In the DevOps model, the development team becomes the first line of defense; the Security team must enable them by teaching secure development techniques and practices that tie back to corporate requirements. That’s attained by enabling developers to work in a continuous deployment environment, but with the know-how of secure development practices and the guardrails of built in-code analysis tools that look for vulnerabilities. Additionally, building compliance into software design really helps to create the kind of environment that security leaders have long wanted. In the process, developers and even product leaders can become an extension of the security team. It’s a win-win.
In thriving DevOps environments, I’ve witnessed developers applying tools that have reusable, hardened code blocks for common functions such as login boxes and profile forms. They’ve had code analysis tools that will scan code on check-in but before deployment. They’ve had regular review sessions with application security experts to review mistakes and create learning experiences from them. But most of all, they recognized that the goal is never met and there is always a way to get better and more effective at quickly delivering secure code to production; they use their creativity to make it happen—together.
Enabling Business Leaders
Security can enlist people across the organization, from top to bottom, by teaching them how to identify threats and report them properly. The entire team can become security champions, with alert eyes and ears adding protective value just as any detection technology does. Such a culture will further the spirit of partnership between technical and business functions, helping to overcome the traditional tensions that often exist among these groups.
For example, I know of one CSO who uses breaches that are making headlines—particularly at companies similar to his own—to develop and execute internal wargame-type exercises that help people across his company recognize and avoid similar threats. The associated storytelling makes it real for the staff who work in portions of the business not involved in security on a day-to-day basis. It helps the whole organization develop a vested interest in security, and keeps the business and technical teams on the same side.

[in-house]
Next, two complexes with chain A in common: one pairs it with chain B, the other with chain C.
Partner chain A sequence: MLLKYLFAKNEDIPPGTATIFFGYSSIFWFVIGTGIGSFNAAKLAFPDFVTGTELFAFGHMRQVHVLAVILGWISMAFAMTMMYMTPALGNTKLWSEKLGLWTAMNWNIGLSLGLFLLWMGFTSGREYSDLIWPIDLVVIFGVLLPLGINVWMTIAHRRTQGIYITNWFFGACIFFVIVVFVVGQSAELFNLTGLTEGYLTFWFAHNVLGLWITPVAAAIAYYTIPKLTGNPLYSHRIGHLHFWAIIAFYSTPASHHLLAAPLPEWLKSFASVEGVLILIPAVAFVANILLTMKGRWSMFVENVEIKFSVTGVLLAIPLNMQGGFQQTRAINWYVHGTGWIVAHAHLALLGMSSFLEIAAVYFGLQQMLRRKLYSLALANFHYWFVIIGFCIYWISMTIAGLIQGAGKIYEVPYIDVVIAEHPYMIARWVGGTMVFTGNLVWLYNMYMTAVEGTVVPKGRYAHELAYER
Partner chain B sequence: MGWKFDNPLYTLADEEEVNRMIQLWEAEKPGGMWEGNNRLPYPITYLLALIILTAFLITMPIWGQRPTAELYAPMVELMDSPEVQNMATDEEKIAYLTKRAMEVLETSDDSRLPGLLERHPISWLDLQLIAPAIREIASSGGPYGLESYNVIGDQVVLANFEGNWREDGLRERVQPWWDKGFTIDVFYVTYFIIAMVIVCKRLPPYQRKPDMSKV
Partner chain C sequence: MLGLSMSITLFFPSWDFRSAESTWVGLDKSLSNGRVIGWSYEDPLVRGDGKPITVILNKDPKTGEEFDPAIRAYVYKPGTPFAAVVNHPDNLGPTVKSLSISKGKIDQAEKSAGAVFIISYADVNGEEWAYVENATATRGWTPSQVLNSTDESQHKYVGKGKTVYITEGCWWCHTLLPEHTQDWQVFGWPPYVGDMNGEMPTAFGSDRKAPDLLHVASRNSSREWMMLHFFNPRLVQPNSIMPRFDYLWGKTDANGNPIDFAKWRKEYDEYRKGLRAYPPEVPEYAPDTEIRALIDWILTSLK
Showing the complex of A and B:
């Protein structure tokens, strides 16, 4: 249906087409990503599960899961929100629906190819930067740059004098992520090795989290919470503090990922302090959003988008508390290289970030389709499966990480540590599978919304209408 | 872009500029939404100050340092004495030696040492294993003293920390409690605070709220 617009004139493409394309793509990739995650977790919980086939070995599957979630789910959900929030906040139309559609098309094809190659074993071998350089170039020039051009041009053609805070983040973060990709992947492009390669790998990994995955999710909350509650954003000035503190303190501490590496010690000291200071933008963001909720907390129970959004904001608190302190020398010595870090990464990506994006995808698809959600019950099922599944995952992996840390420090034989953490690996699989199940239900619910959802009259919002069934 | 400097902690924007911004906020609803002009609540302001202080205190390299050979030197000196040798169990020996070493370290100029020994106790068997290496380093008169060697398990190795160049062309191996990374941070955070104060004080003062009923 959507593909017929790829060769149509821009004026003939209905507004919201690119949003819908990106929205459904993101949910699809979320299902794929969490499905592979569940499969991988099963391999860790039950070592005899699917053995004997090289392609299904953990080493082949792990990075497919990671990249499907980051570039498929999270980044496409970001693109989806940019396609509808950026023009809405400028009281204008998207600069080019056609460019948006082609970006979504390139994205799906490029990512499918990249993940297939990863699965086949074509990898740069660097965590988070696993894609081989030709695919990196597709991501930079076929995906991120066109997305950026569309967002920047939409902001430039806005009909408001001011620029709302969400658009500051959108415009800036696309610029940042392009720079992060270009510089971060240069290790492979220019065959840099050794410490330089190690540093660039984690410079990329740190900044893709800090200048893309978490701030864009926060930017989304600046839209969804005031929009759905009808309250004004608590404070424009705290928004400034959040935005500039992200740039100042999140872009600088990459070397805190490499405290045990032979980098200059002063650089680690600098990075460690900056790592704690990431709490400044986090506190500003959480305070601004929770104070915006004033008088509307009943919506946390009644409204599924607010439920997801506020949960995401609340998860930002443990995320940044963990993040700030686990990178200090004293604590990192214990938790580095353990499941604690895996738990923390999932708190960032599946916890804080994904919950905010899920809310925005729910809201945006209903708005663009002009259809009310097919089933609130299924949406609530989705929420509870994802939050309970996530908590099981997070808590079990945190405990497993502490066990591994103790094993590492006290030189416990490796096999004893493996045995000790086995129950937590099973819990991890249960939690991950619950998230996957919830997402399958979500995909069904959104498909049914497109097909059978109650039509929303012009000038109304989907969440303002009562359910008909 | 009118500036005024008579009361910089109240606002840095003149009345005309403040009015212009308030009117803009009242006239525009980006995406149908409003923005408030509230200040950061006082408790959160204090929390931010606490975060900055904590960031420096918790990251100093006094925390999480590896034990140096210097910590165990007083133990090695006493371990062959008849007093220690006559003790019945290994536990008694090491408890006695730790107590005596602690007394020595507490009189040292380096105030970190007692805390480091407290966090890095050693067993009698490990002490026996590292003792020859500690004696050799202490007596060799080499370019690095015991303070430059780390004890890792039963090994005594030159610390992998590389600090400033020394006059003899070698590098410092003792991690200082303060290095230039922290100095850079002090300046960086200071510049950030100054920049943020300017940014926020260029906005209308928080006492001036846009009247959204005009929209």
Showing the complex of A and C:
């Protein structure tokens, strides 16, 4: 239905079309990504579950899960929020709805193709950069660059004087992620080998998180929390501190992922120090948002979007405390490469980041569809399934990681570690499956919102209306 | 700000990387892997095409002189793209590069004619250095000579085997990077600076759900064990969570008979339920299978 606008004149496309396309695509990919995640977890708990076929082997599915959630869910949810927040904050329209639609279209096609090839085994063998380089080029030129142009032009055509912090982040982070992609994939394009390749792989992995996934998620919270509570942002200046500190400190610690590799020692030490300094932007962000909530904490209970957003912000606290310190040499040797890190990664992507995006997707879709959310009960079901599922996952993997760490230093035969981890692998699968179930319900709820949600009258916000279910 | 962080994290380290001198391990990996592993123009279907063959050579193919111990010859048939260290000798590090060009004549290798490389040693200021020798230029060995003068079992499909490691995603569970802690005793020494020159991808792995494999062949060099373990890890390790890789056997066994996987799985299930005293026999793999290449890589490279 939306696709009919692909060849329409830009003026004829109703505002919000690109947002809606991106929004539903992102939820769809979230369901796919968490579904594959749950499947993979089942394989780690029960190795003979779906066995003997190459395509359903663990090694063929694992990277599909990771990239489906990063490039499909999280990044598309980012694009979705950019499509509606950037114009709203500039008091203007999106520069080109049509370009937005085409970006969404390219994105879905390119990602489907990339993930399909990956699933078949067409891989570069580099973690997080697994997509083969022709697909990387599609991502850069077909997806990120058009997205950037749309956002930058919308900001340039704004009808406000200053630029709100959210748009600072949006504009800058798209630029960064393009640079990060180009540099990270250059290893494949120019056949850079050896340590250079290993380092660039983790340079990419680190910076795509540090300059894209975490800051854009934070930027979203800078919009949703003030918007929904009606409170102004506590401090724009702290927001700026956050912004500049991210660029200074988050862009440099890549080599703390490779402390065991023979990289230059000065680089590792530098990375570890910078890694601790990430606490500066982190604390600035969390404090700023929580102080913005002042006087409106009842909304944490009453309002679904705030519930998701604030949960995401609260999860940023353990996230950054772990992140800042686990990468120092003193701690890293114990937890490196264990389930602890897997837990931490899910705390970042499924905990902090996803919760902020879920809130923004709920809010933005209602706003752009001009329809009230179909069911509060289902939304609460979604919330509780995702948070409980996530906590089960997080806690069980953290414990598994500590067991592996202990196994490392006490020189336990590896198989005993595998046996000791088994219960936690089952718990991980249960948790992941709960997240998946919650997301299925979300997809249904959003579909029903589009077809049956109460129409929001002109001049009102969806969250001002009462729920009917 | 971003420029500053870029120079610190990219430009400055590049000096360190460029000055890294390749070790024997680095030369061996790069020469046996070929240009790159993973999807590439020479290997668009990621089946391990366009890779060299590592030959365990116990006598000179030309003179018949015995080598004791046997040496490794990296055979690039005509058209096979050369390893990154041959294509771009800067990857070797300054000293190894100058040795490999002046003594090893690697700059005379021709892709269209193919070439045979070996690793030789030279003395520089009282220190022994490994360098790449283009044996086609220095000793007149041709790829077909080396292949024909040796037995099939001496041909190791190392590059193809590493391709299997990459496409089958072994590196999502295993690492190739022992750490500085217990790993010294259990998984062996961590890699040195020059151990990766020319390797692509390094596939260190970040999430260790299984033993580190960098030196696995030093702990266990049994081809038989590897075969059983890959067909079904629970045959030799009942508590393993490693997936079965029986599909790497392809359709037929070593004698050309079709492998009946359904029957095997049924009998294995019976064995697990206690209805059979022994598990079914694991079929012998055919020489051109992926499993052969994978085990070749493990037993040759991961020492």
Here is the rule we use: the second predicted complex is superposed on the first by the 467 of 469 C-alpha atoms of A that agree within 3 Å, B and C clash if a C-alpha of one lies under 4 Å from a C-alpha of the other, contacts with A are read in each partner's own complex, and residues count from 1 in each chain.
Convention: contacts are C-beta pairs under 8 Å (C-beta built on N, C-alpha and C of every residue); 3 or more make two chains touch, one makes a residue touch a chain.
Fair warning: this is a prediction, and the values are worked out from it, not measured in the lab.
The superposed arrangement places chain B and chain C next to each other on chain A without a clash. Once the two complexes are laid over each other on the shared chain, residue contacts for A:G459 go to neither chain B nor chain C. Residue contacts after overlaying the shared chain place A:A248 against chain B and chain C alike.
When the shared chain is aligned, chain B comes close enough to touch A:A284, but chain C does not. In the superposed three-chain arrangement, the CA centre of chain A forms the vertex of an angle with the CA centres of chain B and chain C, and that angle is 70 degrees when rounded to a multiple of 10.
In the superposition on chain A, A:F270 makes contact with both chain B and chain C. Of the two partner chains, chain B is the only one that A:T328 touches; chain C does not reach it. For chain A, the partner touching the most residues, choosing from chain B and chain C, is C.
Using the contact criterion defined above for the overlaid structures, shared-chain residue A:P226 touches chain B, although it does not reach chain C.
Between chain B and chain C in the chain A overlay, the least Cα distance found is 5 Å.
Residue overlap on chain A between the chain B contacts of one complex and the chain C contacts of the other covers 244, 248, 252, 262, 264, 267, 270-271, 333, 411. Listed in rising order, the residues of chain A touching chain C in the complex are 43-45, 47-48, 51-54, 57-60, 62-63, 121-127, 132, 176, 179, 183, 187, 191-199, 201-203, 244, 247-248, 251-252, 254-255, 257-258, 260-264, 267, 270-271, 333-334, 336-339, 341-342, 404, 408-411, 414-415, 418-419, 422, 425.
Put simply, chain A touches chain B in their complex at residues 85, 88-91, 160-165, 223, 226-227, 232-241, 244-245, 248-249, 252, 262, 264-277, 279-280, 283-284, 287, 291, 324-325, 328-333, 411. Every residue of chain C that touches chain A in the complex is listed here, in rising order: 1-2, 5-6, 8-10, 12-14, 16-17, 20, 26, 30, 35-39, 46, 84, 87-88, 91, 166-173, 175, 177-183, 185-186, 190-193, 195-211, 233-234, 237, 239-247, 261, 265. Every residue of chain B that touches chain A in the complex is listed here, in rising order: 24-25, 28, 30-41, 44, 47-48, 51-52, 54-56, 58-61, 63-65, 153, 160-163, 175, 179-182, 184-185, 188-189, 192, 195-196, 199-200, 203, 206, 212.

Security Infrastructure and Compliance Accountability
While compliance can often end up on the shoulders of the security or IT team, it is, in reality, a business function; therefore, business leaders should own it. In situations where business functions do not accept the responsibility for the data they’re collecting and managing, they can sometimes make decisions that take the organization out of direct compliance, without suffering any consequences for those decisions. Security ends up having to respond—or, in a worst-case scenario, clean up the mess after a breach.
Instead, a more productive approach is for IT or Security to provide regular report cards to the business units on how their area of responsibility measures up on compliance. Business leaders can then use that data to ask thoughtful questions of their teams and become more deeply involved in how compliance is working or where improvement is needed. Here is yet another opportunity for standards. Security can define data-sharing parameters within pre-determined standards so that compliance will be the result. But the business ultimately still owns the responsibility. Security won’t stop poor decisions from being made, but it will report those decisions back so corrective action can be taken.
Managing Third-Party Risk
The third-party ecosystem that almost every modern business relies on introduces further data risk. Because legal responsibility remains with the data owner, it’s very important to understand what the vendors and cloud providers you entrust with your data are doing to protect it, and what standards they use in delivering their service. That extends to what third-party services they’re using, how those services are managed and secured and, ultimately, monitoring how those third parties manage their own third-party risk. It is in effect an extensive data supply chain that is becoming more and more difficult to oversee. Such extensive networked exposure is something to watch in 2019 and beyond. It’s also a ripe domain for seeking outside help. The major cloud providers won’t allow every company that does business with them to audit them individually, so working with organizations that collect and monitor their compliance attestations can offer a leg-up on the process.
By tackling these strategies from a position of leadership, the relationship of security to the business is transformed. The company—and its customers and vendors—are better for it.